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Accounting

Why Bring Accounting to the Cloud Amidst the Pandemic?


by Catherine Dahl

One of the best tools to leverage is cloud accounting, which can build cohesion between employees across the company – now that remote work has become the norm.

© eichinger julien/iStock/Getty Images Plus

The work of an accountant traditionally sees various spikes across the year, be it the tax season or the end of a fiscal year. However, as an impact of the pandemic and the sheer amount of work it has brought, accountants all around the globe are now experiencing heightened continuous stress levels.

While accounting has traditionally lagged behind in technology adoption compared to other business departments, tech tools are now seen as the ultimate aides to navigating the intense workloads. In fact, there are reasons to believe that adopting new technology would make accounting less stressful during the pandemic.

One of the best tools to leverage is cloud accounting, which can build unprecedented cohesion between employees across the company – now that remote work has become the norm. With the cloud, teams can stay organized, efficient, and flexible now and into the future.

Why should cloud accounting technology form the basis of virtual workplaces?

Modern solutions to novel problems

Even prior to COVID-19, 67% of companies said they want to shift their accounting process to the cloud. However, the traditional reliance on physical processes centered around paper files and hard drives made many reluctant to adopt the light-weight and dynamic cloud.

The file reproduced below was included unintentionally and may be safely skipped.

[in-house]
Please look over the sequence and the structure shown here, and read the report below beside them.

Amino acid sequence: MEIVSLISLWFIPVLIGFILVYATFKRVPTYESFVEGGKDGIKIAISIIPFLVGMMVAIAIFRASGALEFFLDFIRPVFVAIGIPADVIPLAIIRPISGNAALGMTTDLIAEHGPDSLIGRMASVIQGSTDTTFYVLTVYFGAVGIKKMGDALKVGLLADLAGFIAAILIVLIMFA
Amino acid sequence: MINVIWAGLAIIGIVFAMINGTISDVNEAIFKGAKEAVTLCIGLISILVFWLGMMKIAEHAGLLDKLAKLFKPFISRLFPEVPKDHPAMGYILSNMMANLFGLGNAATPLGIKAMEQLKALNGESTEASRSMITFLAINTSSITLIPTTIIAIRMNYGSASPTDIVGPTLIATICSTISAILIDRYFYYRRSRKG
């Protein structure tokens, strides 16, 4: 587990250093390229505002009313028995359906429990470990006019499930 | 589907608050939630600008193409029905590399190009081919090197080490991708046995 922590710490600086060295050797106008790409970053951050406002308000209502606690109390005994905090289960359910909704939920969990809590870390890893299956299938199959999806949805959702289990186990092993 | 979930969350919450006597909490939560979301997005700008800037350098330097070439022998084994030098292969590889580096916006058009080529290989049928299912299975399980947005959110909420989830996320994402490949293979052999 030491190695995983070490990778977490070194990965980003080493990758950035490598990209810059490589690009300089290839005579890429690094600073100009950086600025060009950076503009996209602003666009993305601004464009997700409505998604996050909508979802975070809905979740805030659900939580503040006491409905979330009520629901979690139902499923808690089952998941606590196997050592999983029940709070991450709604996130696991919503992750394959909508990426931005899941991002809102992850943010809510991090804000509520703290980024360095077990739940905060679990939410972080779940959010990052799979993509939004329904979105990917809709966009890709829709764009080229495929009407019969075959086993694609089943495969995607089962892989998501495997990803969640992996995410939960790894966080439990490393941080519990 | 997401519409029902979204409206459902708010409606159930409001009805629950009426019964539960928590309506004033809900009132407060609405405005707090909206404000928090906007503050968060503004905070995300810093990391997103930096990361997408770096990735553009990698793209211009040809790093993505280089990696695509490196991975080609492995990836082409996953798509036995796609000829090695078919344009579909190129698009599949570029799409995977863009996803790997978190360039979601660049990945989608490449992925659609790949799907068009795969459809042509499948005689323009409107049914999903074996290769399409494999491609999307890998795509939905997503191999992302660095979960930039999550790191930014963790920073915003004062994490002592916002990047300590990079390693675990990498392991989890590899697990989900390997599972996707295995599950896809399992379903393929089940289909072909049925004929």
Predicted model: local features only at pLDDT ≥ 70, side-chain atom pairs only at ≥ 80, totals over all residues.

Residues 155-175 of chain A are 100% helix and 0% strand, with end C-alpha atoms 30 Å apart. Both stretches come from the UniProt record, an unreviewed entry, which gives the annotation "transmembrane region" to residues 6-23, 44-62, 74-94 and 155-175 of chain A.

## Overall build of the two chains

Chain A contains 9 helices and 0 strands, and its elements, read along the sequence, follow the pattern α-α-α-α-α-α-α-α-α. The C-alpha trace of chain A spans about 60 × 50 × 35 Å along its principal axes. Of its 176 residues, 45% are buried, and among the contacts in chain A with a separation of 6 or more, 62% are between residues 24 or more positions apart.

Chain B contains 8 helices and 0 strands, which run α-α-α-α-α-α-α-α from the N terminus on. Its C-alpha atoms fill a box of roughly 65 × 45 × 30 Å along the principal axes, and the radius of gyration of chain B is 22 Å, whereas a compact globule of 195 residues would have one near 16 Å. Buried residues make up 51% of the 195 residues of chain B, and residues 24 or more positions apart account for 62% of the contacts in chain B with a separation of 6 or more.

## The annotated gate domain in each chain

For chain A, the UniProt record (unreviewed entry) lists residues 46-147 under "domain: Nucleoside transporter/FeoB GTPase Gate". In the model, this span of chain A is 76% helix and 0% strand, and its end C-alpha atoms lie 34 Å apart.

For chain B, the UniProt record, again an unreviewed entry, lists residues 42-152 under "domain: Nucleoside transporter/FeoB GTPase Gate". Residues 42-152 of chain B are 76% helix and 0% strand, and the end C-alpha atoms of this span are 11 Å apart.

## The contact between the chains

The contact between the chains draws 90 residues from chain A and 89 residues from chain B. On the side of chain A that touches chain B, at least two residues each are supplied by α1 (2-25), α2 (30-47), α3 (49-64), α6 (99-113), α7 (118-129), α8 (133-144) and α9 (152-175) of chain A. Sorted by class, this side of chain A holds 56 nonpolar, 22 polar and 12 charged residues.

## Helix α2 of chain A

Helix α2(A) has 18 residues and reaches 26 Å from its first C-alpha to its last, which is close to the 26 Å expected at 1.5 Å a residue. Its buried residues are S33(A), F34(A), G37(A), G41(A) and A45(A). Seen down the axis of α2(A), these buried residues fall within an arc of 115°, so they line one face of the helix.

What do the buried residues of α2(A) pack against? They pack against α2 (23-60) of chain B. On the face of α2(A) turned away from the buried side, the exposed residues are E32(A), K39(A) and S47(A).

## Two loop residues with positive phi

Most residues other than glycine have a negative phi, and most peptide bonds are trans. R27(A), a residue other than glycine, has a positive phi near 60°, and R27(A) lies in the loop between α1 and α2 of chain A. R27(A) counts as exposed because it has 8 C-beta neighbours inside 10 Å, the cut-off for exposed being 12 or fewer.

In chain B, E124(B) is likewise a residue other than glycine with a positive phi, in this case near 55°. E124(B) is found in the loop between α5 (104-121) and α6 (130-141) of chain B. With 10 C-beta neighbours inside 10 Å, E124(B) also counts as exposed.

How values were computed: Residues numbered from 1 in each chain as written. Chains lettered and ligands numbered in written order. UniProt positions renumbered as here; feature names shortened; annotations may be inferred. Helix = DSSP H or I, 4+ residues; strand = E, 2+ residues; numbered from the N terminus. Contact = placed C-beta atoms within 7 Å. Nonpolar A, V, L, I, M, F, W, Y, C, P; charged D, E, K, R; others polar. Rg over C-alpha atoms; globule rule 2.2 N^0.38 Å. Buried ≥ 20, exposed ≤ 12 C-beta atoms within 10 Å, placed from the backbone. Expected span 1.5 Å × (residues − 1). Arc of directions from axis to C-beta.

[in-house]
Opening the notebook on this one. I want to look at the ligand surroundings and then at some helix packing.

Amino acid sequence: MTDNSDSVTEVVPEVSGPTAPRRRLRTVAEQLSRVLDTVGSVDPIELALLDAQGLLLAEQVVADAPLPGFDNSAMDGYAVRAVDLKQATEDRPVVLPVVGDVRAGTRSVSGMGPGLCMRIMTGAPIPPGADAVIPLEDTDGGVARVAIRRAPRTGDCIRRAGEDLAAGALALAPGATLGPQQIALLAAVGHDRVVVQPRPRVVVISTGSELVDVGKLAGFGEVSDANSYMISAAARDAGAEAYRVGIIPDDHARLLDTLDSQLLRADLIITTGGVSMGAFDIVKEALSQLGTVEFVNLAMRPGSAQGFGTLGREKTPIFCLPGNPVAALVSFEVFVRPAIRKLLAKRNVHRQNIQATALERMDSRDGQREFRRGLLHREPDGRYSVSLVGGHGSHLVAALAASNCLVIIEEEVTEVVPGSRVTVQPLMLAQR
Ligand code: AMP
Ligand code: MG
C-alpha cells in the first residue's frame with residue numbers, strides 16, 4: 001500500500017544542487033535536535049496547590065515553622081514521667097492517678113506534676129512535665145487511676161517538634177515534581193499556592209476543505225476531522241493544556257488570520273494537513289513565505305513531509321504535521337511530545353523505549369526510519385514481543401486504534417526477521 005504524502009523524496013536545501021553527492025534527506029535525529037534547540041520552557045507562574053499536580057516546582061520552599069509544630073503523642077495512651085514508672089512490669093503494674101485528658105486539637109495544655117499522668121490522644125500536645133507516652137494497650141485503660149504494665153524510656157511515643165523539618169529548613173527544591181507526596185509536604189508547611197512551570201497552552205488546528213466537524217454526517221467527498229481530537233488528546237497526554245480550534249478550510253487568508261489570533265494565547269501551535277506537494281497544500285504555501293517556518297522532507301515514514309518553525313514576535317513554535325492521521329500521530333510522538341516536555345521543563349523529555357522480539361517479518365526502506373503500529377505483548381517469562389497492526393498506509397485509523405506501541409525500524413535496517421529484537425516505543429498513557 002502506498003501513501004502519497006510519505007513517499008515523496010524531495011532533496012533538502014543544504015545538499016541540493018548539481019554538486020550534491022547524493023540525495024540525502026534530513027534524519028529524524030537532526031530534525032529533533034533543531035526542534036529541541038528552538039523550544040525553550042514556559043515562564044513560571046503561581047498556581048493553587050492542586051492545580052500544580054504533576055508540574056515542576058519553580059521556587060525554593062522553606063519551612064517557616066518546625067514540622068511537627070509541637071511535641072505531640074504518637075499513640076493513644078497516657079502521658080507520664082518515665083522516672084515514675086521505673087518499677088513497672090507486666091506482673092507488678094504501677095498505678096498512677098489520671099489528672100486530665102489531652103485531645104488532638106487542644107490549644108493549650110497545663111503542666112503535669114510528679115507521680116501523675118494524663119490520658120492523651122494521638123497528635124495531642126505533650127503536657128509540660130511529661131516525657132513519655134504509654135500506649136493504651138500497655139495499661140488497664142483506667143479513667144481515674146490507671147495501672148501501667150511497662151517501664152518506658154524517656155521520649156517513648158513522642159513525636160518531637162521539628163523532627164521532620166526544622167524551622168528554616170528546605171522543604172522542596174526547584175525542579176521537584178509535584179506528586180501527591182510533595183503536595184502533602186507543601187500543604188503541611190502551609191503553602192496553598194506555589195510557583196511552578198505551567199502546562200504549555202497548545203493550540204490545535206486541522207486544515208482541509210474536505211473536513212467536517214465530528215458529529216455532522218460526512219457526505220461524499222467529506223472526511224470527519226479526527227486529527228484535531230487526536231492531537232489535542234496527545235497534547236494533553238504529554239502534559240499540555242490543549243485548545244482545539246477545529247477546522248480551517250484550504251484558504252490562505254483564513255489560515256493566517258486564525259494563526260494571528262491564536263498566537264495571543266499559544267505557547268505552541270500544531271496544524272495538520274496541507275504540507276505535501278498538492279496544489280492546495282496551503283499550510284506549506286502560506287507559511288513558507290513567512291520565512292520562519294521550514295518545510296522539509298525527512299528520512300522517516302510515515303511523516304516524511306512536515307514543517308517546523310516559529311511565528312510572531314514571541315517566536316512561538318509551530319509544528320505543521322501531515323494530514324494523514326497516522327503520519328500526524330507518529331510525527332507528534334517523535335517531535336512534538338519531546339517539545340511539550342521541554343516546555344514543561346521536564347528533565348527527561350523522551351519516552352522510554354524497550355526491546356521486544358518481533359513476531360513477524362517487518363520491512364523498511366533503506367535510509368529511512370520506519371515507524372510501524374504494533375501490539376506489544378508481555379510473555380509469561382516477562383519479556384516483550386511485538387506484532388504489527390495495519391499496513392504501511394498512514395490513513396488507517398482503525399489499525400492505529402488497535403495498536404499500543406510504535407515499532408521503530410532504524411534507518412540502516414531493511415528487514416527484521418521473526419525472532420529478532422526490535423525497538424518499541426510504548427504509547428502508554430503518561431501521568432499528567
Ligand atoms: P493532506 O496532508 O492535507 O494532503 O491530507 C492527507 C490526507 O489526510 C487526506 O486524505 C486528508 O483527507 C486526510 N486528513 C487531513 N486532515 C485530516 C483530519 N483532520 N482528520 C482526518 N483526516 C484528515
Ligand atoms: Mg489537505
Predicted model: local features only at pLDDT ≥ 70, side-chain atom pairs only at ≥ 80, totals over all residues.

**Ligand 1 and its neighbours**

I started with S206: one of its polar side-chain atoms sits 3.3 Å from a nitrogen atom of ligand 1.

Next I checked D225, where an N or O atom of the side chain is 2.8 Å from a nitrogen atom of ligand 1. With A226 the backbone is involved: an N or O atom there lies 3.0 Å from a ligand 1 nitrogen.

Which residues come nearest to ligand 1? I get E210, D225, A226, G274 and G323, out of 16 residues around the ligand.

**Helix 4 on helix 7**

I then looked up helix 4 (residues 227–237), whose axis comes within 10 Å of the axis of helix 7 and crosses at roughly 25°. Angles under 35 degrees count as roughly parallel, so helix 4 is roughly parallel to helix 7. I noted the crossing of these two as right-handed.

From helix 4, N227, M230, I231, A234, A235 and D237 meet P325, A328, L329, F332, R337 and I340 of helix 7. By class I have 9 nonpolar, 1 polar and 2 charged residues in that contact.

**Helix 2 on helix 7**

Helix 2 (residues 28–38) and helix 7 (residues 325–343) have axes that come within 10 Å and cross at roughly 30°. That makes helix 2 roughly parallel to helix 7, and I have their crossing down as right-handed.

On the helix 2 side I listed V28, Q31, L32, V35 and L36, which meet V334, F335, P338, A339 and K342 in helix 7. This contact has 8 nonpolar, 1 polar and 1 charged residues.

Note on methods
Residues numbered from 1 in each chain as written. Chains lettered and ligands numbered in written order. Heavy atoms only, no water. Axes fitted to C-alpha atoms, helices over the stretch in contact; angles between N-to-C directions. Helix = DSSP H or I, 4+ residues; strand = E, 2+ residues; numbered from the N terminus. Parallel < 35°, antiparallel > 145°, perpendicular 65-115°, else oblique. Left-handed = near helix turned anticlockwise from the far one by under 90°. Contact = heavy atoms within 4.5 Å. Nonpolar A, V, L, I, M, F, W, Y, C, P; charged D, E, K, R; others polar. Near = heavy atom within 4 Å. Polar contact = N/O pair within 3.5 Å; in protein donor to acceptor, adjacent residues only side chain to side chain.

However, the sudden switch to work-from-home revealed the urgent inefficiencies in different accounting processes and their obsolete nature. Legacy processes were exposed – and proved to be highly inadequate. Now, 54% of accountants say they have been working longer hours since the beginning of the pandemic, and the unpreparedness of their systems and workflows is the primary reason for this.

Outdated, paper-based, and complex manual processes failed to keep up with the pace of technological adoption, which is the key to success amidst the pandemic. That’s why the transition to the cloud could facilitate accountants’ work now while preparing them for the postlude of COVID-19 in the upcoming years as well.

Ease of use, safety, higher revenue – you name it

Transitioning to the cloud is immediately actionable. Cloud accounting software is hosted by a service provider, meaning that there’s no need to spend time installing and maintaining it. The updates are scheduled automatically, and IT teams don’t need to worry about backing the systems up or reinstalling them to fix bugs.

As all the data is centralized and online, all the team members can access it and work on it from virtually anywhere. There’s no need to rely on manual transfers that can be unreliable, slow, unsafe, and give space to error. Moreover, working in the cloud champions transparency, allowing senior staff to track and trace the movements of documents, as well as control and authorize access to different files and procedures.

Accounting software also alleviates the pain of manual bookkeeping. It vastly reduces the amount of paperwork that needs to be done because paperless invoices can be seamlessly routed to the responsible team members for approval. With automated updates, accountants gain a better overview of their processes and can execute repetitive tasks such as writing checks, securing signatures, or stamping official documents with a simple click of a button.